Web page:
Homeopathy, science and whale omlettes

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Well‘, said the homeopath, drawing breath during a particularly bruising facebook debate, ‘science doesn’t know everything. Those conventional medicines, they always do more harm than good and hardly any have been tested by your so-called Gold Standard, the double blind placebo controlled trial (DBPCT). Just the other day I heard that Cartrophen took down a bunch of Labradors!

Apart from this typically egregious example of the kind of emotive, vague and unsubstantiated ‘evidence’ homeopaths favour, the point is science doesn’t begin and end with the DBPCT. Science is a system, a method which at its most basic is just a way of asking questions and investigating claims. Science actually comes down to one particular question: ‘Prove it!’. So in the unlikely event that Carprophen [a useful, safe and popular painkiller for dogs] did ‘take down a bunch of Labradors‘ that should, and would have been investigated through the official suspected adverse reaction surveillance scheme (SARSS) and steps taken, as actually happened in cases like Thalidomide in human medicine or the use of avermectins in certain collie dogs or any one of a number of other cases. It’s easy to do, you can report drug reactions online at the click of a button from a whole load of different official government websites or you can phone the drug company direct and they’ll do it for you or, if you’re old fashioned like me, you can fill out a garish yellow Veterinary Medicines Directorate SARSS forms using your favourite fountain pen and pop it in the post – I’ve got a pile of them on my desk and use them or their online equivalents regularly.

This is science in progress – a self-correcting system working to put itself (and medicine) in order. When did you last hear of anyone using vitamin E to treat heart disease? Yet this was a very popular treatment in the middle of the last century, used by intelligent, highly trained veterinary surgeons who, like homeopaths, swore it gave good results ‘in their cases’. It’s the same with the treatments of heroic medicine – no one practices purging, firing or bleeding now, the thought of doing so would horrify any contemporary veterinary surgeon. Yet they were the go-to treatments of their day and anyone who didn’t believe in them at the time would have been regarded as being thicker than a whale omlette.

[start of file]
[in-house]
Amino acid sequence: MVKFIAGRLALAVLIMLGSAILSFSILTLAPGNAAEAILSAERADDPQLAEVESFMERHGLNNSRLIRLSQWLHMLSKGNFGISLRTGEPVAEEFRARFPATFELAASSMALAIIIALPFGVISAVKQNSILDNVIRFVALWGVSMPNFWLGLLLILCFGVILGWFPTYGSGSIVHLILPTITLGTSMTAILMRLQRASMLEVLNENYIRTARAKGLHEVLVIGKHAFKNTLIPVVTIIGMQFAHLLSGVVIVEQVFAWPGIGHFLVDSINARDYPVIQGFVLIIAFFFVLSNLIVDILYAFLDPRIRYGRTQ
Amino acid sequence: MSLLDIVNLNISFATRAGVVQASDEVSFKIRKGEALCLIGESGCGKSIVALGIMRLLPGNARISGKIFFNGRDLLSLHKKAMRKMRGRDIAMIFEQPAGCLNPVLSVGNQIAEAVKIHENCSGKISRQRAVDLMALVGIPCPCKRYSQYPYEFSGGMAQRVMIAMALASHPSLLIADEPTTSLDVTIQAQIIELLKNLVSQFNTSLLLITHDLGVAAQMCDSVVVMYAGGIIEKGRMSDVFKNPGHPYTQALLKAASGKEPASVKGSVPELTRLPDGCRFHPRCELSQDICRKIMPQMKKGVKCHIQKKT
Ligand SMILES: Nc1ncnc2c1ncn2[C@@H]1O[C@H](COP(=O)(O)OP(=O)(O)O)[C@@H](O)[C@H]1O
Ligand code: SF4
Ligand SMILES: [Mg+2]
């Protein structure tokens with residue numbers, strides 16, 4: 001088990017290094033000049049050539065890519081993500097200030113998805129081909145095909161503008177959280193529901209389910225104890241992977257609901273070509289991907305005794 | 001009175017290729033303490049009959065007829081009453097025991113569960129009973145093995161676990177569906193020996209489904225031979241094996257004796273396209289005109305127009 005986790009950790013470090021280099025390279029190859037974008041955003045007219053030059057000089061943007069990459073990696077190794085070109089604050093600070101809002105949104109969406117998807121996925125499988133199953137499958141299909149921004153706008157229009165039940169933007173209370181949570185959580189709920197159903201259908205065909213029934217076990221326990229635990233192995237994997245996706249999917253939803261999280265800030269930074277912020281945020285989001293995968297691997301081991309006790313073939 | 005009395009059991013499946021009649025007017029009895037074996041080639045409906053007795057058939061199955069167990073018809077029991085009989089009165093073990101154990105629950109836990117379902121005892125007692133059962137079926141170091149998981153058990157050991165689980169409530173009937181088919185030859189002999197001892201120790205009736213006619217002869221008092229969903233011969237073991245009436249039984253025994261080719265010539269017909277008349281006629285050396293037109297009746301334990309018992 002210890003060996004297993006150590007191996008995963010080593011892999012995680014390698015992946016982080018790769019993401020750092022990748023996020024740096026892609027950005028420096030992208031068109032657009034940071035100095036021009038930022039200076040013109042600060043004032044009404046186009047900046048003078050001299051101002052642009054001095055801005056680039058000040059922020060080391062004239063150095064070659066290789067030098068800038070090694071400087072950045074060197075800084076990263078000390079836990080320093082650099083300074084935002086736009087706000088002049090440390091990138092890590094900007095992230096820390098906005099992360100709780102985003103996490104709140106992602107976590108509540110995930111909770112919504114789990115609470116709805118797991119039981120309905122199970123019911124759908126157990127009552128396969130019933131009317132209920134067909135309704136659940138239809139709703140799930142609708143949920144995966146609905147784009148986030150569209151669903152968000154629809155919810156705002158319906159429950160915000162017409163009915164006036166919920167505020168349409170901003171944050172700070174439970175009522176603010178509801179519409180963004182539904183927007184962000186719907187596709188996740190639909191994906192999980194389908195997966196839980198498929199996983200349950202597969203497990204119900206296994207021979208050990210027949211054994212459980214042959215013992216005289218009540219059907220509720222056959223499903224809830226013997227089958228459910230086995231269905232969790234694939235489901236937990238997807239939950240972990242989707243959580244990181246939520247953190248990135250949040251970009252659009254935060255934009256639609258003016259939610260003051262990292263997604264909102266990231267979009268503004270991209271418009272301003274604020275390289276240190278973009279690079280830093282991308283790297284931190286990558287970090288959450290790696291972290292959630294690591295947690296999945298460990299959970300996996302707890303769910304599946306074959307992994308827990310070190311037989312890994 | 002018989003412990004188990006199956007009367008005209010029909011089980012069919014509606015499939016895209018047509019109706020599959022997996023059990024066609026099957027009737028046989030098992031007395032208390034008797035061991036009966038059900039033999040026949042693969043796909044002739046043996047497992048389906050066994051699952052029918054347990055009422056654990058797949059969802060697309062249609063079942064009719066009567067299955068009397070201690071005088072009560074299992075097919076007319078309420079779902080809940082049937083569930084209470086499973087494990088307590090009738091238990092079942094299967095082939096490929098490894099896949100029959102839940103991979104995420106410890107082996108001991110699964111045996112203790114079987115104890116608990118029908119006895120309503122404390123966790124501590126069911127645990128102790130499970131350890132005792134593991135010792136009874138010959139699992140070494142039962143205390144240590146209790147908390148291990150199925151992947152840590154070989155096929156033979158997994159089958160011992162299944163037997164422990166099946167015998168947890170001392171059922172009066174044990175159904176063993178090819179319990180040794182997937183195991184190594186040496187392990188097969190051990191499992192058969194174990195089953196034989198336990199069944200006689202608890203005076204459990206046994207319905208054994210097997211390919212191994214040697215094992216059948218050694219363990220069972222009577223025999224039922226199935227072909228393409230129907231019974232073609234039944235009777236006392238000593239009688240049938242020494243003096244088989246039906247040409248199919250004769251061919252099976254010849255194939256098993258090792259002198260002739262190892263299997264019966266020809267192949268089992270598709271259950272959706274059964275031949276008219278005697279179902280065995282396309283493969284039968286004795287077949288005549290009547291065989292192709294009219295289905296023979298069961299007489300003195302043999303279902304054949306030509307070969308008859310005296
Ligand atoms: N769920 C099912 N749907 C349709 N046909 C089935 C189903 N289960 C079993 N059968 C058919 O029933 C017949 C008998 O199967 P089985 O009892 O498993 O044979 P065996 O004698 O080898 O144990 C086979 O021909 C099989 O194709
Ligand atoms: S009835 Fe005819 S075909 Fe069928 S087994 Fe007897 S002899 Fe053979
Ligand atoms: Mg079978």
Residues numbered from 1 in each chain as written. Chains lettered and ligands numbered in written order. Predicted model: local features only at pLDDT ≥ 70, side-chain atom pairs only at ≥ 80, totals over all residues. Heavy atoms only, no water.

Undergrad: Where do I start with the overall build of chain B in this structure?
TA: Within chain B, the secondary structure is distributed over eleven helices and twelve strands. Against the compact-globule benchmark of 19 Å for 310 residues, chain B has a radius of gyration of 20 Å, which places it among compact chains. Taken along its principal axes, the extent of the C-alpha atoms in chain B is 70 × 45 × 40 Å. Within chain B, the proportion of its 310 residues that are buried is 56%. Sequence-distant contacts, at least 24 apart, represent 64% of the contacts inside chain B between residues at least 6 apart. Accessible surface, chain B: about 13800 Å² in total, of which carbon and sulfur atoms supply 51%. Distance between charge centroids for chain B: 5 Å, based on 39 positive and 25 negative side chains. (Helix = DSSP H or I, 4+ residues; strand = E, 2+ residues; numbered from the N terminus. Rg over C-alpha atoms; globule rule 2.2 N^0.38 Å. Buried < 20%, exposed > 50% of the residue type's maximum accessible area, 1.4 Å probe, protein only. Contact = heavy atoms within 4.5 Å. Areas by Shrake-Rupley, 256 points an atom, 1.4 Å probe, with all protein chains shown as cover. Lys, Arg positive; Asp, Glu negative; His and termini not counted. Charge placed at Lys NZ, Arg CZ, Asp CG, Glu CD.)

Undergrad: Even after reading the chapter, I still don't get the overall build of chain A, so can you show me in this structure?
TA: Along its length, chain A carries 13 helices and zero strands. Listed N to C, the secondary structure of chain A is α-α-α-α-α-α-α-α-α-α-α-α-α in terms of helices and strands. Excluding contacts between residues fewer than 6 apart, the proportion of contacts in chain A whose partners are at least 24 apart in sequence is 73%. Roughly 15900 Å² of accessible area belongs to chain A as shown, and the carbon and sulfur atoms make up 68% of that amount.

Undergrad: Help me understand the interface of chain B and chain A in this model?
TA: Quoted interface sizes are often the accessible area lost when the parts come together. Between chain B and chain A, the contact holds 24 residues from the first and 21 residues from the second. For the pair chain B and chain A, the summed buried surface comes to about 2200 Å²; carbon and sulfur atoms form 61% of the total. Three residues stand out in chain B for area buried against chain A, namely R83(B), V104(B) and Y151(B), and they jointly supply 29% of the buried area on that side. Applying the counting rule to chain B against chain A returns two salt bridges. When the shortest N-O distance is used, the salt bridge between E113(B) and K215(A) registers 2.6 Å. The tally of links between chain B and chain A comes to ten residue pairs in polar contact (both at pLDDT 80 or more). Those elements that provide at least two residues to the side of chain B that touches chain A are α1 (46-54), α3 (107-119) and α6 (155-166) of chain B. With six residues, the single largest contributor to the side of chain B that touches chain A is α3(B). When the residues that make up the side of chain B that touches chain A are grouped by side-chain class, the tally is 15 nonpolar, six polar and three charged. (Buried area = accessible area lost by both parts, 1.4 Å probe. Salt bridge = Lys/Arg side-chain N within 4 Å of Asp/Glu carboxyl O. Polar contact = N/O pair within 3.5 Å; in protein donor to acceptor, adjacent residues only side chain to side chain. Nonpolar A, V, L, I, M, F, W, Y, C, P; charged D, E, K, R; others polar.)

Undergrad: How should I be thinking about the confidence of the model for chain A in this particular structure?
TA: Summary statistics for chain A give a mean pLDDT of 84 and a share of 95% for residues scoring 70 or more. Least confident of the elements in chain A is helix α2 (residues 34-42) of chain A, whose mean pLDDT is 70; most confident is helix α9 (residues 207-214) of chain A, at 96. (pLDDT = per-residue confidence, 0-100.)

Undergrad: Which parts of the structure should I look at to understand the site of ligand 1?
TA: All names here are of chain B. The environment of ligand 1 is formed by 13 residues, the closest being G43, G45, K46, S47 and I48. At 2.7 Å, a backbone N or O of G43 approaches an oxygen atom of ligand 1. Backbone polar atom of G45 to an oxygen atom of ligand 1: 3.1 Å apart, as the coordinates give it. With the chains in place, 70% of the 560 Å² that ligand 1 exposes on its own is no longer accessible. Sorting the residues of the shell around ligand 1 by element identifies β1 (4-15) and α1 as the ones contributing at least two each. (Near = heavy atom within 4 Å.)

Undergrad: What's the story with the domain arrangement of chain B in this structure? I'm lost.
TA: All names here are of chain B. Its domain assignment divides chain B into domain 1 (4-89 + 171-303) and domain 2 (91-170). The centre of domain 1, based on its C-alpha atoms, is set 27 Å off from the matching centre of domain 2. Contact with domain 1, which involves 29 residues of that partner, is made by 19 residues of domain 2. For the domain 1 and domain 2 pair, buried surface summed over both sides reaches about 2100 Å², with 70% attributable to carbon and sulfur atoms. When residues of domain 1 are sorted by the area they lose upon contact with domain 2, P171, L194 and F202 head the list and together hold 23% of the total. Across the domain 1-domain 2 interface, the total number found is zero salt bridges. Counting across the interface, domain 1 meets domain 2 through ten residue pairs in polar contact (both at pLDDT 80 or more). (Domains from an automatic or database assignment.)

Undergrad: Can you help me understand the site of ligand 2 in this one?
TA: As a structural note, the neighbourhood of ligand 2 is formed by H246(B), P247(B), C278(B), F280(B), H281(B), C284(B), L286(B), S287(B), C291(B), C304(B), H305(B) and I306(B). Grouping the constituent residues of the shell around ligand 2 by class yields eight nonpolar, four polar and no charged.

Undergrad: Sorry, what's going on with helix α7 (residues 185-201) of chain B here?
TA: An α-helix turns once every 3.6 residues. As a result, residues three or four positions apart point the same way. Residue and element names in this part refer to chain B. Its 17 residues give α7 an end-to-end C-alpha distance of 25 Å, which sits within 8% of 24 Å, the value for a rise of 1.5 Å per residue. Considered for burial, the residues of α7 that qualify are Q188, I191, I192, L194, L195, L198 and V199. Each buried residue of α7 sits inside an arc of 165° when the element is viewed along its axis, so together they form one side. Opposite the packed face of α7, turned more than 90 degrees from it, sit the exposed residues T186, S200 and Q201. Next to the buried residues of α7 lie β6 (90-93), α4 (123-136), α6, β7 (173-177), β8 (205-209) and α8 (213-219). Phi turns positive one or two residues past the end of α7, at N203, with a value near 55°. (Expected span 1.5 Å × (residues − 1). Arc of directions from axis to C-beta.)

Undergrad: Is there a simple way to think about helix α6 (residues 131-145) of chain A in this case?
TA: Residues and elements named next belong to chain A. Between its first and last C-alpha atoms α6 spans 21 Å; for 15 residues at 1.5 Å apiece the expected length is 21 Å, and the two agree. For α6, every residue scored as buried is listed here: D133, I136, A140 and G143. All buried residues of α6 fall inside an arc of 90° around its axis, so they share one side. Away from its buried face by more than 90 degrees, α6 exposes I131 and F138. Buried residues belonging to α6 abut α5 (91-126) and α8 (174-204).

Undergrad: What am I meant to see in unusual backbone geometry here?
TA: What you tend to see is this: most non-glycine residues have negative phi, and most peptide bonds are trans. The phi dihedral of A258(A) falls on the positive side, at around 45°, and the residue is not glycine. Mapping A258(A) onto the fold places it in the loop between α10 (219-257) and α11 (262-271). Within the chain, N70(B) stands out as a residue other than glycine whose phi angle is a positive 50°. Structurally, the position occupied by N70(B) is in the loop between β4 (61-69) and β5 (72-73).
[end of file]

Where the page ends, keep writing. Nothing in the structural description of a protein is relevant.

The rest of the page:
The reason these long-discredited treatments are no longer mainstream as they once were is that science-based (rational) practitioners were, unlike homeopaths, able to recognise and accept a treatment practitioners had been using for generations was doing more harm than good and were willing to change based on scientific evidence rather than just personal experience. The problem with homeopaths is they don’t change, their methods of treatment are based entirely on personal experience. When presented with actual science – evidence homeopathy is ineffective – all we hear are increasingly implausible excuses about why it really does work, despite all appearences, and how critics are always wrong. Homeopaths’ starting point is first and foremost that homeopathy works, after that any evidence which comes their way is cherry-picked, filtered or dismissed to support that core belief, not to test it as should be the case. And that ain’t science, and it ain’t right!

And the daft thing is, after all that, even if proper drugs were utter rubbish, even if they did all the dreadful things homeopaths pretend they do, it STILL wouldn’t mean that homeopathy works!

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